The New York Yankees started this tradition in the late 1930s, when they held individual days to celebrate the lives of Lou Gehrig and Babe Ruth while each was near death, but still very much beloved by their fans. Quite possibly the most well-known of the early Old-Timers' Days is Lou Gehrig Day, held on July 4, 1939. After hearing tearful speeches from friends and former teammates who had seen his career cut short by the illness, ALS, which would come to bear his name, Gehrig delivered a short speech referred to by many as the Gettysburg Address of baseball. To this day, Gehrig's declaration that he was the luckiest man on the face of the earth is thought by many to be the most famous line ever uttered by a baseball player.
The first official New York Yankees Old-Timers' Day was held in 1946, and it has been held once a year (usually sometime between mid-June and mid-August) in each year since. Nowadays, the Yankees are the only team that has a strong annual tradition of Old-Timers' Day, though other teams employ similar concepts from time to time.
Though most fans would be reluctant to agree, many Yankee fans assert that the lack of annual Old-Timers' Day celebrations by other teams is due to those teams having a lack of players or accomplishments to celebrate, especially compared to the Yankees' relative abundance of such accomplishments. Fans of other baseball teams contend that the Yankees' tradition may be ostentatious and somewhat too quick to celebrate even fairly insignificant players and achievements. Nonetheless, many fans are impressed with the dozens of stars and legends that participate in Old Timers' Day.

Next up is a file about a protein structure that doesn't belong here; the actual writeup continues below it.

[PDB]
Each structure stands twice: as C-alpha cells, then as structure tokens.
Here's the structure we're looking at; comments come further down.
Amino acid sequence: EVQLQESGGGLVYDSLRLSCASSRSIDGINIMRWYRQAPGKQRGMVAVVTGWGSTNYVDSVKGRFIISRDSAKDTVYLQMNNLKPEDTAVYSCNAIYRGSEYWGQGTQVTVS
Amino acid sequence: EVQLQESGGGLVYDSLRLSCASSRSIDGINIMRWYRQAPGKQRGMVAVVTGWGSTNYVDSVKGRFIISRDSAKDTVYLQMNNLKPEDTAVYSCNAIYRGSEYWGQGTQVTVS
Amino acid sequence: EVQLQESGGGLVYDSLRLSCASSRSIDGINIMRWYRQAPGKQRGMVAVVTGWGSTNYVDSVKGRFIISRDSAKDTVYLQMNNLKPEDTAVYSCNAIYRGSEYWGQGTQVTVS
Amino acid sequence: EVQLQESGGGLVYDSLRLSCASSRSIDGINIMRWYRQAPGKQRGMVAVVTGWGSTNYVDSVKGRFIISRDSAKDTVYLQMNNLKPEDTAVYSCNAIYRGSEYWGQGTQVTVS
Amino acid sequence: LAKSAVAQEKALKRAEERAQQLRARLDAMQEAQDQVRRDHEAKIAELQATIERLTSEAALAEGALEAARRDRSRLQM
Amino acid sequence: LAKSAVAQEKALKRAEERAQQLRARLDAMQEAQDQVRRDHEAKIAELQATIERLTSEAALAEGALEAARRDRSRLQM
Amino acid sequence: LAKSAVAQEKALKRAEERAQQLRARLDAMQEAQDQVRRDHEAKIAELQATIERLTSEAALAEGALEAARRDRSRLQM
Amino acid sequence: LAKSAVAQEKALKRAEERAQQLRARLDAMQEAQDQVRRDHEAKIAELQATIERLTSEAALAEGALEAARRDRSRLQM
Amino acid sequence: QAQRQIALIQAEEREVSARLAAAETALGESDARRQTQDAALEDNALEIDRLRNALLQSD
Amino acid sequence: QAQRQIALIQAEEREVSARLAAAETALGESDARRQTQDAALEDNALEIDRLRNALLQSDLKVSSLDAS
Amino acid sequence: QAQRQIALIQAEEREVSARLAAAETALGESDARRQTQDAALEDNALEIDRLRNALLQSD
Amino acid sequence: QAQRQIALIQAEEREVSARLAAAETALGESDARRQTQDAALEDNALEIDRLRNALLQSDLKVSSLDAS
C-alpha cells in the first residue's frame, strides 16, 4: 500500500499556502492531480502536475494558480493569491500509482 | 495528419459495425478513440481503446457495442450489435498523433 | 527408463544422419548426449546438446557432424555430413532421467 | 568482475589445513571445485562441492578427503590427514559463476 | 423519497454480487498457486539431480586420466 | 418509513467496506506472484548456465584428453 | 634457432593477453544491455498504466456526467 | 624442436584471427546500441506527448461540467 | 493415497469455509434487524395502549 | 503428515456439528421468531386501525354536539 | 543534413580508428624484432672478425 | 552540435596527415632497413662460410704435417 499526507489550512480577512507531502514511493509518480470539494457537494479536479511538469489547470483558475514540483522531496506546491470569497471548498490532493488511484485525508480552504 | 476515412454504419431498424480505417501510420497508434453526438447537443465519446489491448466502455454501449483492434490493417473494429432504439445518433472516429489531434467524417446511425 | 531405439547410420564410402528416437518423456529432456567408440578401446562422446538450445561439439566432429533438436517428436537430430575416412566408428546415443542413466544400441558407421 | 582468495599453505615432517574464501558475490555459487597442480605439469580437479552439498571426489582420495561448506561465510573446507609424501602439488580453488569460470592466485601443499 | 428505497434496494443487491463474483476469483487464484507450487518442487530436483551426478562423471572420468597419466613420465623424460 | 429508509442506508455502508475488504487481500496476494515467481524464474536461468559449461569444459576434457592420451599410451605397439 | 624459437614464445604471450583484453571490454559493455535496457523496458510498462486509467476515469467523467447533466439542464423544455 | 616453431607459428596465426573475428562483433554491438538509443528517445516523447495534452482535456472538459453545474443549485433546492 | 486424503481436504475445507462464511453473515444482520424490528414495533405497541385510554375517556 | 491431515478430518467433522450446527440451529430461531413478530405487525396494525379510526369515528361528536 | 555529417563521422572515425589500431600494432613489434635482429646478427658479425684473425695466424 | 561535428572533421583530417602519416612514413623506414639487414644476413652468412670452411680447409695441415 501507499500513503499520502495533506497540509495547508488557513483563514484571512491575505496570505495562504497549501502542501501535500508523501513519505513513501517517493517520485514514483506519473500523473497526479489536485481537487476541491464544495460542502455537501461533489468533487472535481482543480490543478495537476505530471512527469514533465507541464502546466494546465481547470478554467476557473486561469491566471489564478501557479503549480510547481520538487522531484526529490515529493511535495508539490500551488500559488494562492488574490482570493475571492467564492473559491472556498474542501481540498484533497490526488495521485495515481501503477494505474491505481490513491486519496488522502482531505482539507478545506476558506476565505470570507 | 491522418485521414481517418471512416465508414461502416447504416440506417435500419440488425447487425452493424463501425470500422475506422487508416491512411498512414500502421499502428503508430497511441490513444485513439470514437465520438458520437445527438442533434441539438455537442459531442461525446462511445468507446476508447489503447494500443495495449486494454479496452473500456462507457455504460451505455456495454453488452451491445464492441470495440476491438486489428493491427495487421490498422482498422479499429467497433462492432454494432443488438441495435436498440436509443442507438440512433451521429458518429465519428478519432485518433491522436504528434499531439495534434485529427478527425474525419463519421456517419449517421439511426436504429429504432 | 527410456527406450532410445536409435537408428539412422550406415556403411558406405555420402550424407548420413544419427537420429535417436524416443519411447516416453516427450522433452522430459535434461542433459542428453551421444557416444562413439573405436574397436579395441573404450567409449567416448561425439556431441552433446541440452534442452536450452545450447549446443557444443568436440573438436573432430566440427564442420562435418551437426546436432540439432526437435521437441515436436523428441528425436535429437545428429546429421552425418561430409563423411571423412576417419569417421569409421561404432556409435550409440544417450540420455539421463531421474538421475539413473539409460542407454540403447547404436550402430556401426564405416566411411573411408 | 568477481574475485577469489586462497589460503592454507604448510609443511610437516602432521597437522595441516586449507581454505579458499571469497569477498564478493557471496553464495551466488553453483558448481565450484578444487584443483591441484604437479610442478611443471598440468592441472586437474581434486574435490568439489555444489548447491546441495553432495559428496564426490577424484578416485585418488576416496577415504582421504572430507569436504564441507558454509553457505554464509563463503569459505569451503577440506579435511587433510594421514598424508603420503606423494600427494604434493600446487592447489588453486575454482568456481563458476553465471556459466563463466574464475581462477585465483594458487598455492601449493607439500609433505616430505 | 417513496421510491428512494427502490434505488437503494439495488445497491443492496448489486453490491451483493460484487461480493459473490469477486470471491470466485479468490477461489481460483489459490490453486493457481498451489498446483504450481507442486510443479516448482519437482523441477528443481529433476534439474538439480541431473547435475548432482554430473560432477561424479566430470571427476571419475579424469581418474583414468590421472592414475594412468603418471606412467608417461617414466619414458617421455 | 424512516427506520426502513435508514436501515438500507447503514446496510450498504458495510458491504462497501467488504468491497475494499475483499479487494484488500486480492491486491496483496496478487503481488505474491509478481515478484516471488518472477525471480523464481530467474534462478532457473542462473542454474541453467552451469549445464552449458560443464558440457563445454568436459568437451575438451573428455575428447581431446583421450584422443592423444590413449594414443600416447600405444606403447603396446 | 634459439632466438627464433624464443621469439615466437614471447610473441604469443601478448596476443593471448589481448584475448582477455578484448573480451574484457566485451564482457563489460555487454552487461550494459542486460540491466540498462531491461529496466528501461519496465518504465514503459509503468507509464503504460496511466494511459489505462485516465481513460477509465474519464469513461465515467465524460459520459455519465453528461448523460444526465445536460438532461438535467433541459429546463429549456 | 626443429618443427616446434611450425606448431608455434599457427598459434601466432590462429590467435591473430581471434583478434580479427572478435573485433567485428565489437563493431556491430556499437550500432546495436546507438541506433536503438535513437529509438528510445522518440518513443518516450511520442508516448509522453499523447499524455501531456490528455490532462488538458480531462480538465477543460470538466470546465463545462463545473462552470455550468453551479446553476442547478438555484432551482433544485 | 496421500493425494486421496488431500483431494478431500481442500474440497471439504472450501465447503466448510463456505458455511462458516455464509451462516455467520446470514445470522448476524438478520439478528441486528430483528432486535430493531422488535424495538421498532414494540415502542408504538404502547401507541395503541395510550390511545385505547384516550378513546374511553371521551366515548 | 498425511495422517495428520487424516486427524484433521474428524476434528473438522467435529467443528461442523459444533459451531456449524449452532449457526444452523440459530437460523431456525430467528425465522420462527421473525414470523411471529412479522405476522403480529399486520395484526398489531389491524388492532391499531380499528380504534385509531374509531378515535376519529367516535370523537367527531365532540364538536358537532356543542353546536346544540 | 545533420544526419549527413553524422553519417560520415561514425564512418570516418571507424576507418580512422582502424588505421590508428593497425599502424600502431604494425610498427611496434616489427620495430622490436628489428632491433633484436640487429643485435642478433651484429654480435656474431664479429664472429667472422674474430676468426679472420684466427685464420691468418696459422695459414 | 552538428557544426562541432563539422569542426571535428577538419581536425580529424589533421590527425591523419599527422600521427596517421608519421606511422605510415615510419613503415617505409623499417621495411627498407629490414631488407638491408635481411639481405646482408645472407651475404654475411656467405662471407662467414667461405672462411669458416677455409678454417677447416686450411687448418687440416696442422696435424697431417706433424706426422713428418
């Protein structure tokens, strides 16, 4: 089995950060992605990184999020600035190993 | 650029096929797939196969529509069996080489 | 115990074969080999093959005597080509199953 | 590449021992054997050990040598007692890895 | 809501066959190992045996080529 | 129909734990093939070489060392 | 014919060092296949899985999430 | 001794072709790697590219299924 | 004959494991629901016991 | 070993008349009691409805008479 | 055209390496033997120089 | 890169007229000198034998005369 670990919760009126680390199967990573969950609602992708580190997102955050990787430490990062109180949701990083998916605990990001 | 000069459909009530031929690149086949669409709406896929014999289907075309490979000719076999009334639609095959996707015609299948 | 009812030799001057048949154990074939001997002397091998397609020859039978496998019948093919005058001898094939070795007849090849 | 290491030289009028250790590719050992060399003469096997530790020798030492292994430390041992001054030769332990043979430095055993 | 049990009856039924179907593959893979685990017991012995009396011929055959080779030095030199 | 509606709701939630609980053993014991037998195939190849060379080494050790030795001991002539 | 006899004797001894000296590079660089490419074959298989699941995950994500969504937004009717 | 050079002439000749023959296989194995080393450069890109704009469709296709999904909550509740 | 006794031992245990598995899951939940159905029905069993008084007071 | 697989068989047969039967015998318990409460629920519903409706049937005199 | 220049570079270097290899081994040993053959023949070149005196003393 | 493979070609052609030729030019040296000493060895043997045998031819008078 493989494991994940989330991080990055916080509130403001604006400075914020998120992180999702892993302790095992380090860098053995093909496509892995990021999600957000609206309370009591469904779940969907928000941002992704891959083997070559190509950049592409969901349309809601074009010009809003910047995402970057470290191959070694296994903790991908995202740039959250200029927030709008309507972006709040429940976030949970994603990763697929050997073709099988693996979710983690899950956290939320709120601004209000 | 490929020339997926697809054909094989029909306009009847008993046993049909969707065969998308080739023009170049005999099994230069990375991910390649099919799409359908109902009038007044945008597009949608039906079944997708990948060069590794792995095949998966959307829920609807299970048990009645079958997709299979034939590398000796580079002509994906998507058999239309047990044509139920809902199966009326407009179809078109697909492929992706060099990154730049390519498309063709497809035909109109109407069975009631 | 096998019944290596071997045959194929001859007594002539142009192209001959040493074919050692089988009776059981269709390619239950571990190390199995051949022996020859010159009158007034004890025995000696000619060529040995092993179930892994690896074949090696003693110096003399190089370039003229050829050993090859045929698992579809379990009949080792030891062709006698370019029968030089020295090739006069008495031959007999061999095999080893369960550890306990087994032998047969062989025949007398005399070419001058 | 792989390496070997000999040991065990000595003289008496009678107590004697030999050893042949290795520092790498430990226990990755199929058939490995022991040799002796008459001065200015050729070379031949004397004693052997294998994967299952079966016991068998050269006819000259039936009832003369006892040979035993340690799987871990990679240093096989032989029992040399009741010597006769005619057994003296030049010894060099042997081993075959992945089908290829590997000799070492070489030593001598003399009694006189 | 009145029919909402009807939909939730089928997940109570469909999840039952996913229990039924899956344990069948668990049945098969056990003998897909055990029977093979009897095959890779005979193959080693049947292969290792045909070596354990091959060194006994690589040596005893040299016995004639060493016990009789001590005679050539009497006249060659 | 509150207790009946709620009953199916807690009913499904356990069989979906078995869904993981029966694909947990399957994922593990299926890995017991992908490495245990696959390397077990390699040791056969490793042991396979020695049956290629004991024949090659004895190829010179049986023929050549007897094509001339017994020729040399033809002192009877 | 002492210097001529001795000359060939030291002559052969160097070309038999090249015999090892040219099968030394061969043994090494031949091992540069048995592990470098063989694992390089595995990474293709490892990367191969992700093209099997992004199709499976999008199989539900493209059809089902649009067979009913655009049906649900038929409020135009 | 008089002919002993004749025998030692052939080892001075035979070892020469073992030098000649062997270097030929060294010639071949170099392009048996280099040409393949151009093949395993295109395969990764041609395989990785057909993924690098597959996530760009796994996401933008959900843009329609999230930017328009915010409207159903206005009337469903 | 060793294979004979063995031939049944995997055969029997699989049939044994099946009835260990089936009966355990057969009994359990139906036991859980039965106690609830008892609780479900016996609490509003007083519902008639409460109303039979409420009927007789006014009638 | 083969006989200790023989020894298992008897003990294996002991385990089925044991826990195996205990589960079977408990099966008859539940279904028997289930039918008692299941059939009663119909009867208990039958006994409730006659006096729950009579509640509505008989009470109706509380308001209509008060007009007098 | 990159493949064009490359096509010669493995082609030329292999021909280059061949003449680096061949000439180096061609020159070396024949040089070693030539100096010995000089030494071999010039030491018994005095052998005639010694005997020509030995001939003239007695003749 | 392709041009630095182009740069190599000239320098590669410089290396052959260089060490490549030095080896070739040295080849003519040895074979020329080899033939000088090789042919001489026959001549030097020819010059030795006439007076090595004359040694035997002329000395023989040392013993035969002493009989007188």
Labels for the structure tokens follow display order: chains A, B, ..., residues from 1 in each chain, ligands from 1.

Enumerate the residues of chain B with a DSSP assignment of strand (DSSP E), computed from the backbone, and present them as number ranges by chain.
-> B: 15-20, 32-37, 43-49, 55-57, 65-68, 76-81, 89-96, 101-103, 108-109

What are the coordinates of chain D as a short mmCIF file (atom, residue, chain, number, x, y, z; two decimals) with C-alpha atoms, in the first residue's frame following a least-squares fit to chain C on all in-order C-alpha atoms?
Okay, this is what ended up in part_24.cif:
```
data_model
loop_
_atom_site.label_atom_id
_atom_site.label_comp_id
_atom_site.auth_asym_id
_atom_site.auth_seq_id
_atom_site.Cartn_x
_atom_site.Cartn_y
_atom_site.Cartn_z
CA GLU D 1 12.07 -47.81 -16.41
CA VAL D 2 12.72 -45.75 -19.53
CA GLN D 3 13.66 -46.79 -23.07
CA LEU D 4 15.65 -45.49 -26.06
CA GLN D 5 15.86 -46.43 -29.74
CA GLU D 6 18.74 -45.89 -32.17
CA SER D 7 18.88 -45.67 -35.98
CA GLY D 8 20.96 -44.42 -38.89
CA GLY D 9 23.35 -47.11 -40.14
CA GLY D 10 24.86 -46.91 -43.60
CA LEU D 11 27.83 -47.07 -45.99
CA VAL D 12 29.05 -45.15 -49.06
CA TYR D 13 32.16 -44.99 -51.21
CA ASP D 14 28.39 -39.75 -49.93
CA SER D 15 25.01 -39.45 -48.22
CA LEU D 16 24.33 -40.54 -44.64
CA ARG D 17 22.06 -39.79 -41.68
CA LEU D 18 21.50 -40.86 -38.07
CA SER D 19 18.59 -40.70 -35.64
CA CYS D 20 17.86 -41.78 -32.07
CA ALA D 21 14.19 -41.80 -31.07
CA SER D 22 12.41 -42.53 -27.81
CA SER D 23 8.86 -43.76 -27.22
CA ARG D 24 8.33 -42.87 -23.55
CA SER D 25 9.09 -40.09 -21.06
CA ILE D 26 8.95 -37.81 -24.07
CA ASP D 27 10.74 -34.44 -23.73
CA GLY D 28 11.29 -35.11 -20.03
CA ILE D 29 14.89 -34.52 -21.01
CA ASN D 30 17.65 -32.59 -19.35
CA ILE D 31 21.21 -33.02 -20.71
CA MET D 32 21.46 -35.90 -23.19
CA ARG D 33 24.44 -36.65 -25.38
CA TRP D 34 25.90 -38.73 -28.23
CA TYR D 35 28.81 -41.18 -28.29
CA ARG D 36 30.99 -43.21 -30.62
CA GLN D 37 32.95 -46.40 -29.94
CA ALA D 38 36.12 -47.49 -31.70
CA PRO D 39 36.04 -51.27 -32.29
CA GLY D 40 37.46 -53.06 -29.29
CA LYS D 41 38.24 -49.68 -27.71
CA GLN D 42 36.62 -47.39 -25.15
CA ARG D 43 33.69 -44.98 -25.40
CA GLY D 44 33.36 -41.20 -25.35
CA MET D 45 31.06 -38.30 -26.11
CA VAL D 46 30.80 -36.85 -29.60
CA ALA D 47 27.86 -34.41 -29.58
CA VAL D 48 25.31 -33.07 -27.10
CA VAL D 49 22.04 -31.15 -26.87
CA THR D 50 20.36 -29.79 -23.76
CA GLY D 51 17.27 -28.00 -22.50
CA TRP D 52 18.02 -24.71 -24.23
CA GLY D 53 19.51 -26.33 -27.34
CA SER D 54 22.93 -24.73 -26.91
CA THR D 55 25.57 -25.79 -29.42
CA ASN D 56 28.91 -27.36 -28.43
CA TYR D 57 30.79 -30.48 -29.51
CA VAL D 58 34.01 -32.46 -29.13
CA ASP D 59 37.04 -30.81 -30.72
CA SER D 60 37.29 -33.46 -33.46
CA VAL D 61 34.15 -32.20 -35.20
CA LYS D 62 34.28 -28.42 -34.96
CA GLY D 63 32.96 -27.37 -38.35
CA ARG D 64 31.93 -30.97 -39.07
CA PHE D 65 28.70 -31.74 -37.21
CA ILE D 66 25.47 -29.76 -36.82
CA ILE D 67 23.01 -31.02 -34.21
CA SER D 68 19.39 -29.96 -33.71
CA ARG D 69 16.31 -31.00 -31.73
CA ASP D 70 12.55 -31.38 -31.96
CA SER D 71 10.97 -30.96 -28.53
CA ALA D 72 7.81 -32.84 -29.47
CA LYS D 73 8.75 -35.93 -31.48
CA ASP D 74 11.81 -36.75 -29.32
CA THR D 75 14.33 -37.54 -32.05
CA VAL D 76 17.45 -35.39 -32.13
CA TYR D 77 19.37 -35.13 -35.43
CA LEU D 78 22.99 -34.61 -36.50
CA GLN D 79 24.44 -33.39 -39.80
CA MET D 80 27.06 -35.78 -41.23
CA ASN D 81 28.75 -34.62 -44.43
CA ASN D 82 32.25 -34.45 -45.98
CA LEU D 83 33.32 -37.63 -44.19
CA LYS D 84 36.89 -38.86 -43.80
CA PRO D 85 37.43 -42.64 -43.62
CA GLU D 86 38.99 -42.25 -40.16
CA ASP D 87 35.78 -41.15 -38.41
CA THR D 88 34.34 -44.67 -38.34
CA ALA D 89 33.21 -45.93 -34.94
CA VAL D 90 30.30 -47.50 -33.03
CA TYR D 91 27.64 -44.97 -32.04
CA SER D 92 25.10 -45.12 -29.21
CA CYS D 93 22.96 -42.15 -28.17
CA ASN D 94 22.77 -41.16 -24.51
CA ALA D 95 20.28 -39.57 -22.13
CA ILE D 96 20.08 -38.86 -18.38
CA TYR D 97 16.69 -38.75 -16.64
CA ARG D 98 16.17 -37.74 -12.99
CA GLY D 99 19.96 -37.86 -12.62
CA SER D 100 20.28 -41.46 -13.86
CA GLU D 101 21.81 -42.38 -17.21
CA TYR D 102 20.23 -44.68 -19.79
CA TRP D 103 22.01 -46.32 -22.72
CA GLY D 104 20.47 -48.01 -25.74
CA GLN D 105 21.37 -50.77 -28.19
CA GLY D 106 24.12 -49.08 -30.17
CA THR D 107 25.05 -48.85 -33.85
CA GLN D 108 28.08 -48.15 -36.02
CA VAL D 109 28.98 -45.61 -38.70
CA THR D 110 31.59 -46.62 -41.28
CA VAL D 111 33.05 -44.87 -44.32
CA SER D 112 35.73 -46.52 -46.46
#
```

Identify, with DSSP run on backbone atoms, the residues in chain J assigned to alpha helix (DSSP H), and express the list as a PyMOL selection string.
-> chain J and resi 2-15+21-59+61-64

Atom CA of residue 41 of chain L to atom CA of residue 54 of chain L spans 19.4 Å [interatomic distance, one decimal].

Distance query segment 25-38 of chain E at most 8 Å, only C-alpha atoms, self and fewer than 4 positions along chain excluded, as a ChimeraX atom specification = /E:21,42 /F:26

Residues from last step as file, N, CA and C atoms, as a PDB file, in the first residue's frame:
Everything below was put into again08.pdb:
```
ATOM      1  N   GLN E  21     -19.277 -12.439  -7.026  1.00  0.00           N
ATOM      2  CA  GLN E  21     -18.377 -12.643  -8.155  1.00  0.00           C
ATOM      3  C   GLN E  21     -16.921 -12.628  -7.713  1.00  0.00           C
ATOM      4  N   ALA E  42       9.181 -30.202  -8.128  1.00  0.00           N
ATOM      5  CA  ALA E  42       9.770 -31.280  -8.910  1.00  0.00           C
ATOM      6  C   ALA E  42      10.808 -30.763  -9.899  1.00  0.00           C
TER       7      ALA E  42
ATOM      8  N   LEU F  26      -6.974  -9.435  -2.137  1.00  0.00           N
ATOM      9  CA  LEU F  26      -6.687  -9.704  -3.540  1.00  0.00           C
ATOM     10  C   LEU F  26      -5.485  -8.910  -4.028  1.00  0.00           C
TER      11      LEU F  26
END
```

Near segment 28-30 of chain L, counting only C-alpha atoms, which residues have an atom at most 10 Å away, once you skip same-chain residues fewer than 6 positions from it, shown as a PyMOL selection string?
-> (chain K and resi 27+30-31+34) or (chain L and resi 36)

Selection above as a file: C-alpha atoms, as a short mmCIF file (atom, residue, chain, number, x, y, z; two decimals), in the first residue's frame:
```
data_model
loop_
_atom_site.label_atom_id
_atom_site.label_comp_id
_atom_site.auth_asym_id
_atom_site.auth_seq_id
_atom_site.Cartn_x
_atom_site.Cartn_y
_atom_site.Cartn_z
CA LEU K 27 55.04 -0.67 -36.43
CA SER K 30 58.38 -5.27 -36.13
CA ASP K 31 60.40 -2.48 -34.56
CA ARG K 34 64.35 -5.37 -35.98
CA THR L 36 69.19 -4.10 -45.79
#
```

Every year, the Yankees invite up to 50 (sometimes more) former players to be introduced to the crowd in the hours leading up to the scheduled game. For this reason, the actual game played on Old-Timers' Day is often scheduled for 4:00 pm, and the festivities of the day begin around 2:00. The Old-Timers' Day ceremony involves each of the players being introduced, wearing a Yankees uniform with their number on the back, as their name, position, and a short synopsis of their triumphs as a Yankee are read to the crowd. For the last decade, this ceremony has been conducted jointly by John Sterling, the Yankees radio play-by-play announcer, and Michael Kay, formerly Sterling's radio partner, and currently his play-by-play counterpart for television broadcasts of Yankees games. By way of being introduced in a certain order, the old-timers are split into two teams, often called the Pinstripers and the Bombers (both of which, especially the latter, are common nicknames of the Yankees), although other names have been used. Hall of Famers or specific honorees are traditionally introduced last.
After the old-timers have been split into teams, they gather (often greeted by a standing ovation from the crowd) for a group picture. They then head into their respective dugouts to begin a two inning game (assuming time and the weather permit). This "Old-Timers' Day Game" is a defining feature of the Yankees' Old-Timers' Days. Because of the age of many of the players, and the game's relative lack of meaning, the game is not for true competition as much as it is a spectacle for fans nostalgic to see their favorite players from earlier decades (the game is also great for players yearning for one more inning on a Major League field). In 2007, the Yankees announced that the Old Timers' Game will include many first time players such as Scott Brosius, and Paul O'Neill.
From 1982 to 1985, an Old-Timers' Classic sponsored by Cracker Jack was played at RFK Stadium in Washington, DC each July. The inaugural Cracker Jack game, played on the evening of July 19, 1982, was particularly memorable; then-75-year-old Luke Appling connected off Warren Spahn for a 250-foot home run to left field.